Produced by bluegrass superstar Bela Fleck, “Rearrange My Heart,” was a critically acclaimed album that showed off Che Apalache’s unique and infectious sound, which blends Appalachian and Latin American musical styles. Troop, a graduate of Reynolds High School, wrote several songs on the album.

Fresh off a four-month tour that took the band all over the country, Troop said he was elated to hear the news.

“We are surprised. No one knows us from Adam’s house cat,” Troop said Wednesday. “This is the story of the little band that could.”

Other nominees in the category include Patty Griffin, Andrew Bird, Joy Williams and Gregory Alan Isavok.

Che Apalache is based in Buenos Aires, Argentina, where Troop moved in 2010. A multi-instrumentalist and singer, Troop formed the band with some of his string-music students, Pau Barjau (banjo), Franco Martino (guitar) and Martin Bobrik (mandolin).

The band first came to the United States in 2017 where it performed at fiddlers conventions in Galax, Va., and Clifftop, W.Va. It has since gained a national following for a sound that has been dubbed “Latin Grass.”

In the tradition of folk-singing rabble-rousers Pete Seeger and Woody Guthrie, Che Apalache has also earned a reputation for being political, especially when it comes to the politics of immigration, on songs such as “The Wall” and “The Dreamer,” which was inspired by undocumented immigrants living in North Carolina. Troop has been outspoken in his support of keeping the Deferred Action for Childhood Arrivals policy that allows “Dreamers” to stay in the United States.

Moisés Serrano, a Yadkin County native who has spoken openly about his undocumented status, is featured on the accompanying video to “The Dreamer.”

Troop said the Grammy nomination gives the band a platform to continue to sing a message of unity.

“We’re going to try to use our platform to help DACA recipients and to sing the songs of people who deserve a better life, not just bask in the glory of it,” Troop said.

The Grammy Awards will be Jan. 26. Troop said he hopes the band can attend the ceremony in Los Angeles.

Other area nominees include Rhiannon Giddens for Best American Roots Music Performance for “I’m On My Way,” with Francesco Turrisi.

Trump directed Ukraine quid pro quo, key witness says

WASHINGTON — Ambassador Gordon Sondland declared to impeachment investigators Wednesday that President Donald Trump and his lawyer Rudy Giuliani explicitly sought a “quid pro quo” with Ukraine, leveraging an Oval Office visit for political investigations of Democrats. But he also came to believe the trade involved much more.

Besides the U.S. offer of a coveted meeting at the White House, Sondland testified it was his understanding the president was holding up nearly $400 million in military aid, which Ukraine badly need with an aggressive Russia on its border, in exchange for the country’s announcement of the investigations.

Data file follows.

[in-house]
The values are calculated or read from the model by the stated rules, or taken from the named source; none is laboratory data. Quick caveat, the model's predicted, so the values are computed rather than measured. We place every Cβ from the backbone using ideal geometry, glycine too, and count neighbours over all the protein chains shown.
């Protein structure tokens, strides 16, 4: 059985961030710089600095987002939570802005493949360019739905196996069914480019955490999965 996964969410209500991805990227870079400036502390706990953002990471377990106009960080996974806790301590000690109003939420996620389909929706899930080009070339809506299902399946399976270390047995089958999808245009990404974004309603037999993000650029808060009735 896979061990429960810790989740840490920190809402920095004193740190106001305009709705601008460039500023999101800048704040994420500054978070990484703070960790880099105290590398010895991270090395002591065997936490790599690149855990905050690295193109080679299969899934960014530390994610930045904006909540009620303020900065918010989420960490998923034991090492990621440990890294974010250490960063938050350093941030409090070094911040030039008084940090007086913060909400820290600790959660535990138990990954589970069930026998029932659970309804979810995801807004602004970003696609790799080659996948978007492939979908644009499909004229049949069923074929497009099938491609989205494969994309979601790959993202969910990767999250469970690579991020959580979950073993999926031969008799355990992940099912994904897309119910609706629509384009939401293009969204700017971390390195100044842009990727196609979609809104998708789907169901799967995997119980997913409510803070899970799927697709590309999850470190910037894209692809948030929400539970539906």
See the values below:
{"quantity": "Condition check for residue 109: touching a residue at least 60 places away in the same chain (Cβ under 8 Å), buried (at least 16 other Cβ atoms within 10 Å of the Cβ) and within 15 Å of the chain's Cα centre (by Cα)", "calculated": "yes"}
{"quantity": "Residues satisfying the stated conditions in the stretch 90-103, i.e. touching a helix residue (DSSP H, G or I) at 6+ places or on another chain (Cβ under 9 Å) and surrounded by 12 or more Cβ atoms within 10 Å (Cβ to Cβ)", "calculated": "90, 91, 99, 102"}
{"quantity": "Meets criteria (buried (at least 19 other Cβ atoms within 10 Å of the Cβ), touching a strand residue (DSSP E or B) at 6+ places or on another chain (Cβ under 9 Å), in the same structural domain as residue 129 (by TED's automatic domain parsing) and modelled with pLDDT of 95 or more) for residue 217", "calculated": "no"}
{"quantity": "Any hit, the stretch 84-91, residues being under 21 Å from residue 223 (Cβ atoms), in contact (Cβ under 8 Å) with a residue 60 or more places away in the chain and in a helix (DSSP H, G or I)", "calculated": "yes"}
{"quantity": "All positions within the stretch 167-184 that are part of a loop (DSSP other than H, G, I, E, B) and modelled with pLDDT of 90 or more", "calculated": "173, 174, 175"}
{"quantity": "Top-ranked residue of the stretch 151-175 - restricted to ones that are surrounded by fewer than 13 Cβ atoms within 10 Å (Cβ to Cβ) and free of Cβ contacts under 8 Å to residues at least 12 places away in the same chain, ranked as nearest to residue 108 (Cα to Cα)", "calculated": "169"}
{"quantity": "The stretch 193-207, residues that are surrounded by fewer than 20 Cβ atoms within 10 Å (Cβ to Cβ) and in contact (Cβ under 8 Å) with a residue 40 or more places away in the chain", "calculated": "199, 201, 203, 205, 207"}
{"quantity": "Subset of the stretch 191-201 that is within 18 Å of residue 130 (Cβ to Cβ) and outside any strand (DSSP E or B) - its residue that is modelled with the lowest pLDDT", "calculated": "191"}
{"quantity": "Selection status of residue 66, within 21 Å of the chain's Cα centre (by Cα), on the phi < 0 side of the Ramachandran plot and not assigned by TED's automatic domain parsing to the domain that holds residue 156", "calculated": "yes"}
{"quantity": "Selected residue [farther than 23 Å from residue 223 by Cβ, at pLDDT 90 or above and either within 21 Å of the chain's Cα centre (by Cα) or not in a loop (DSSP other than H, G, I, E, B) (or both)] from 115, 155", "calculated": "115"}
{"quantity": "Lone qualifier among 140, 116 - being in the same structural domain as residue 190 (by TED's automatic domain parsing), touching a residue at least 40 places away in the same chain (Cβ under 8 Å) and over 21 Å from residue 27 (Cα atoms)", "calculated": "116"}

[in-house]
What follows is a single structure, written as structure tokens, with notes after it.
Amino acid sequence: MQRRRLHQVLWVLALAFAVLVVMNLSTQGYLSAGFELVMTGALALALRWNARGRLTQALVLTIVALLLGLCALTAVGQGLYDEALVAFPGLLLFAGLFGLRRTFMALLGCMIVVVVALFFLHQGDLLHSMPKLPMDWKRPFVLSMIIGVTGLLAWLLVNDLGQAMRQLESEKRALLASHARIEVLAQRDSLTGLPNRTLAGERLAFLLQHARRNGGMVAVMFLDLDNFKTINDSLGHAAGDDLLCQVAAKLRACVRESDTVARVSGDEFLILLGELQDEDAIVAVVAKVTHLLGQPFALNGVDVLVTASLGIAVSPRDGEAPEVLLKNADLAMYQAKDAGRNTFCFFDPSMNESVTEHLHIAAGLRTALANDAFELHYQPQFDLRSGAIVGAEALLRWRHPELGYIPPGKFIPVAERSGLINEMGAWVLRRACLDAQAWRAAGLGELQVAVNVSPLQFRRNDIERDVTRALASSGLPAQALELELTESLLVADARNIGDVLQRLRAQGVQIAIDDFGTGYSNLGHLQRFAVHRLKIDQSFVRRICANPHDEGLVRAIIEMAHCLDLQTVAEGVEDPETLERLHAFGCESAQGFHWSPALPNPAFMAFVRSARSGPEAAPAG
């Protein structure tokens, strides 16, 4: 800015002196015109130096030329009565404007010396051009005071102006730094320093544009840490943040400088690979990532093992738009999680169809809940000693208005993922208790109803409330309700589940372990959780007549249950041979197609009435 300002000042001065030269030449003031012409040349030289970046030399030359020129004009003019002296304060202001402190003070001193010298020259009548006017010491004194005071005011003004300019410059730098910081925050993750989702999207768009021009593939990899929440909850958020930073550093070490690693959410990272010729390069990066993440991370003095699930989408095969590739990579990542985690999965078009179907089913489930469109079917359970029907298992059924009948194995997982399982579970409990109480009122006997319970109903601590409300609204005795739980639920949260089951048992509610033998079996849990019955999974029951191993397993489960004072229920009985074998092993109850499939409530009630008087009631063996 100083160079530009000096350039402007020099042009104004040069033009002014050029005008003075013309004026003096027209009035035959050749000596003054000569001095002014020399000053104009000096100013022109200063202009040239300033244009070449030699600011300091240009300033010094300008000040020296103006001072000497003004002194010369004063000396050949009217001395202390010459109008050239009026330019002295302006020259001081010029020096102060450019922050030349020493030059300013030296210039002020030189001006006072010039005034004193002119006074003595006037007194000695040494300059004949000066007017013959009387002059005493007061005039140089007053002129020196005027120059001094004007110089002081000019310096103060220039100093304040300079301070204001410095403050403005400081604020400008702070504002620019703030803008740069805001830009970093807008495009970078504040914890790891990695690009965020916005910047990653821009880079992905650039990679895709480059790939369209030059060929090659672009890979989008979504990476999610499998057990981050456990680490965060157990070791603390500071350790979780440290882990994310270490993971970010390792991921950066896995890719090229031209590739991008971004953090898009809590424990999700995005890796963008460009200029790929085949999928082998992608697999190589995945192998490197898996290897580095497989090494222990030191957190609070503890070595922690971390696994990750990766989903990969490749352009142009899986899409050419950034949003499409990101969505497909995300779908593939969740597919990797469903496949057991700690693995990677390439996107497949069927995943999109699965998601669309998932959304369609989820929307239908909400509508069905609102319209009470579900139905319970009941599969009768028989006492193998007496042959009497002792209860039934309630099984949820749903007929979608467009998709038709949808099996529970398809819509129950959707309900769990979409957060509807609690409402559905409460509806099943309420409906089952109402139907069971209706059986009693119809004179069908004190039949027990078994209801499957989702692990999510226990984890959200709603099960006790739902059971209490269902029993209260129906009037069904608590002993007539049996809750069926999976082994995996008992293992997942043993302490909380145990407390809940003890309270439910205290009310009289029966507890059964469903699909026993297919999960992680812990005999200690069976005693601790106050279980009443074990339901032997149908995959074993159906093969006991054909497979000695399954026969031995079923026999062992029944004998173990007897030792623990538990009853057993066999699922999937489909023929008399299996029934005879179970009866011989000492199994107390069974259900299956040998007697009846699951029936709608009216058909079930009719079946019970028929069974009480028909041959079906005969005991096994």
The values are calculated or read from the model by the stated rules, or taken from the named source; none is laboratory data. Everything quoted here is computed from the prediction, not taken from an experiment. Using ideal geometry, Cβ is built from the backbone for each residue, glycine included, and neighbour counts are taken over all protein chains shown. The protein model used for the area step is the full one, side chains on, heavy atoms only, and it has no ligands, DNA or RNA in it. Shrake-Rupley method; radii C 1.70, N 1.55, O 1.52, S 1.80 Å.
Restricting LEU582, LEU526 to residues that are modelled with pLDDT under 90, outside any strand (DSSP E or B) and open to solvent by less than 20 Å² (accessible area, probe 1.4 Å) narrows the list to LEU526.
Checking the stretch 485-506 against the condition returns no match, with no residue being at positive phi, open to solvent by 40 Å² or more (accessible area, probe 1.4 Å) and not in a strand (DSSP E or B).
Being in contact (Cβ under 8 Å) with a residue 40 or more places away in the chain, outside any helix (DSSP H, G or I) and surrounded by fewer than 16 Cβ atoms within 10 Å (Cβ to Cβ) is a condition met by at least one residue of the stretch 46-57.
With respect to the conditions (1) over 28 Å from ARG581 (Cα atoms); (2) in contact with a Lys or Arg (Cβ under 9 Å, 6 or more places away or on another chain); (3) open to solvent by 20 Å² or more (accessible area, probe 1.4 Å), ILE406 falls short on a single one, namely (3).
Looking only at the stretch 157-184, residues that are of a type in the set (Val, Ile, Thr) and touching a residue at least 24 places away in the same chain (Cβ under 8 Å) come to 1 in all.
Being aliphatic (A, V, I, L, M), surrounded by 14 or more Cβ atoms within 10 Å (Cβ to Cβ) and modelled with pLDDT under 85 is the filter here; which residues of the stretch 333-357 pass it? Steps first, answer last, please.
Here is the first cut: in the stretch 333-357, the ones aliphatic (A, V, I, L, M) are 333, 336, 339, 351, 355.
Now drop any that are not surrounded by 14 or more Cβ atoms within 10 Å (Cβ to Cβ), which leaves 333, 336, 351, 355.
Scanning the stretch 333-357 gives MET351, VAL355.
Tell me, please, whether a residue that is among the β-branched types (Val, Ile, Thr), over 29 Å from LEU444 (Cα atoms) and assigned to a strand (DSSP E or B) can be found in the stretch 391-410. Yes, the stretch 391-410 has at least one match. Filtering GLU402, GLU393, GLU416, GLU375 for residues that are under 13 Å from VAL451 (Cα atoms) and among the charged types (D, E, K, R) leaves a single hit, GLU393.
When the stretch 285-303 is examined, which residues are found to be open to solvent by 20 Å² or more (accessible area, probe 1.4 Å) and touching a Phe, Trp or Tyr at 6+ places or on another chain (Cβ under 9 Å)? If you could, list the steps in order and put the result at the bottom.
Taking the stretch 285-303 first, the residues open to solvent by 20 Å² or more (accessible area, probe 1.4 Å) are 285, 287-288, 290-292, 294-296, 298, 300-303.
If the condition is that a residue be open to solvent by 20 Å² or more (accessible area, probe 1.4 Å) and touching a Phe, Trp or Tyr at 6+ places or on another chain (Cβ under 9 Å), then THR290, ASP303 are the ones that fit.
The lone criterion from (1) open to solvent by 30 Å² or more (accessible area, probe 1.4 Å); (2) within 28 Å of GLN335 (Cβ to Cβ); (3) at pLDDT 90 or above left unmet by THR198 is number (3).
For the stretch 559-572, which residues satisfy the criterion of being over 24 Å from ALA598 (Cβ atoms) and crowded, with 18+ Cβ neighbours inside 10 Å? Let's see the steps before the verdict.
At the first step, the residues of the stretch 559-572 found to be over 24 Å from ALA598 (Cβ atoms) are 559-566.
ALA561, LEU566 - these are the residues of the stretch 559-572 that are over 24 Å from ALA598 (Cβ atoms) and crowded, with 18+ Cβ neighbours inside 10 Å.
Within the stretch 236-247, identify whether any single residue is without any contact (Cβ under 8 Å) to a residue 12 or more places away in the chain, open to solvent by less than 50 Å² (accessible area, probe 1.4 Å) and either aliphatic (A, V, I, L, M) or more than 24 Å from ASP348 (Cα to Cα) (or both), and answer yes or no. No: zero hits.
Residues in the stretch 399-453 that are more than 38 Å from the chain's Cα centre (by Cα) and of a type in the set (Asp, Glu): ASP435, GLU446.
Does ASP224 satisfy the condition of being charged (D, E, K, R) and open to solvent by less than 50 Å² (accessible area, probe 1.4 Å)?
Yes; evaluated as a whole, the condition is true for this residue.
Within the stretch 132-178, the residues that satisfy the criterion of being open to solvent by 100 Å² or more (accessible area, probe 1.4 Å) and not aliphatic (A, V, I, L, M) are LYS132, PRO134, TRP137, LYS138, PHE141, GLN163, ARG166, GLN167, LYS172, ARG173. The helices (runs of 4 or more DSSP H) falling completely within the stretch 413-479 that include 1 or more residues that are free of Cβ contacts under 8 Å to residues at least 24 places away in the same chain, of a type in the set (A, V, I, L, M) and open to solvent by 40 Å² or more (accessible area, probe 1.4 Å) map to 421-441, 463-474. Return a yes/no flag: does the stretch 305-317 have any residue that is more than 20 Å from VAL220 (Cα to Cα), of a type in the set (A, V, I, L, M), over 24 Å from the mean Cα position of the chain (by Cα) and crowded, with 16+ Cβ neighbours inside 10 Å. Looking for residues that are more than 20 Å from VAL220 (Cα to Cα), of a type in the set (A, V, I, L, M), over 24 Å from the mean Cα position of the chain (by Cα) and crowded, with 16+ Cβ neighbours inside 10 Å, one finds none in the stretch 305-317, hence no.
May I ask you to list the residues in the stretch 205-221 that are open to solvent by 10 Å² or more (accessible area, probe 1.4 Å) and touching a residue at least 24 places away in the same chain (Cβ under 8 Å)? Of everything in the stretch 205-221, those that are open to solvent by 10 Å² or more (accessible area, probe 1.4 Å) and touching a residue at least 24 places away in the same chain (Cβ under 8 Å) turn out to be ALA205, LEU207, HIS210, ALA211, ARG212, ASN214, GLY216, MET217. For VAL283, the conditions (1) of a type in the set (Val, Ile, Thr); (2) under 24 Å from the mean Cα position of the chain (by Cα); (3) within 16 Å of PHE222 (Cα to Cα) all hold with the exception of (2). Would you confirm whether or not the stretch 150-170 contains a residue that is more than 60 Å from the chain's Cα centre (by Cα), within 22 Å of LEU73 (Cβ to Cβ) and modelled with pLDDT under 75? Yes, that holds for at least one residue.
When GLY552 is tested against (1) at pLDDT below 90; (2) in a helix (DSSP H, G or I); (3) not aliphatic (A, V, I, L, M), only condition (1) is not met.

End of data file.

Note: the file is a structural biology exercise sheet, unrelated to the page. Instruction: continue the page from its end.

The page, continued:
Sondland conceded that Trump never told him directly the security assistance was blocked for the probes, a gap in his account that Republicans and the White House seized on as evidence the president did nothing wrong. But the ambassador said his dealings with Giuliani, as well as administration officials, left him with the clear understanding of what was at stake.

“Was there a ‘quid pro quo?’” Sondland asked. “With regard to the requested White House call and White House meeting, the answer is yes.”

The rest, he said, was obvious: “Two plus two equals four.”

Later Wednesday, another witness undercut a main Republican argument — that there could be no quid pro quo because Ukraine didn’t realize the money was being held up. The Defense Department’s Laura Cooper testified that Ukrainian officials started asking about it on July 25, which was the day of Trump’s phone call with the country’s new president when Trump first asked for “a favor.”

Her staff received an email, Cooper said, from a Ukrainian Embassy contact asking “what was going on with Ukraine’s security assistance.”

She said she could not say for sure that Ukraine was aware the aid was being withheld but “it’s the recollection of my staff that they likely knew.”

Sondland, the ambassador to the European Union and a major donor to Trump’s inauguration, was the most highly anticipated witness in the House’s impeachment inquiry into the 45th president of the United States.

In often-stunning testimony, he painted a picture of a Ukraine pressure campaign that was prompted by Trump himself, orchestrated by Giuliani and well-known to other senior officials, including Secretary of State Mike Pompeo.

Sondland said he raised his concerns about a quid pro quo for military aid with Vice President Mike Pence — a conversation that a Pence adviser vigorously denied.

Pompeo also dismissed Sondland’s account.

However, Sondland said, “Everyone was in the loop. It was no secret.”

The ambassador said that he and Trump spoke directly about desired investigations, including a colorful cellphone call this summer overheard by others at a restaurant in Kyiv.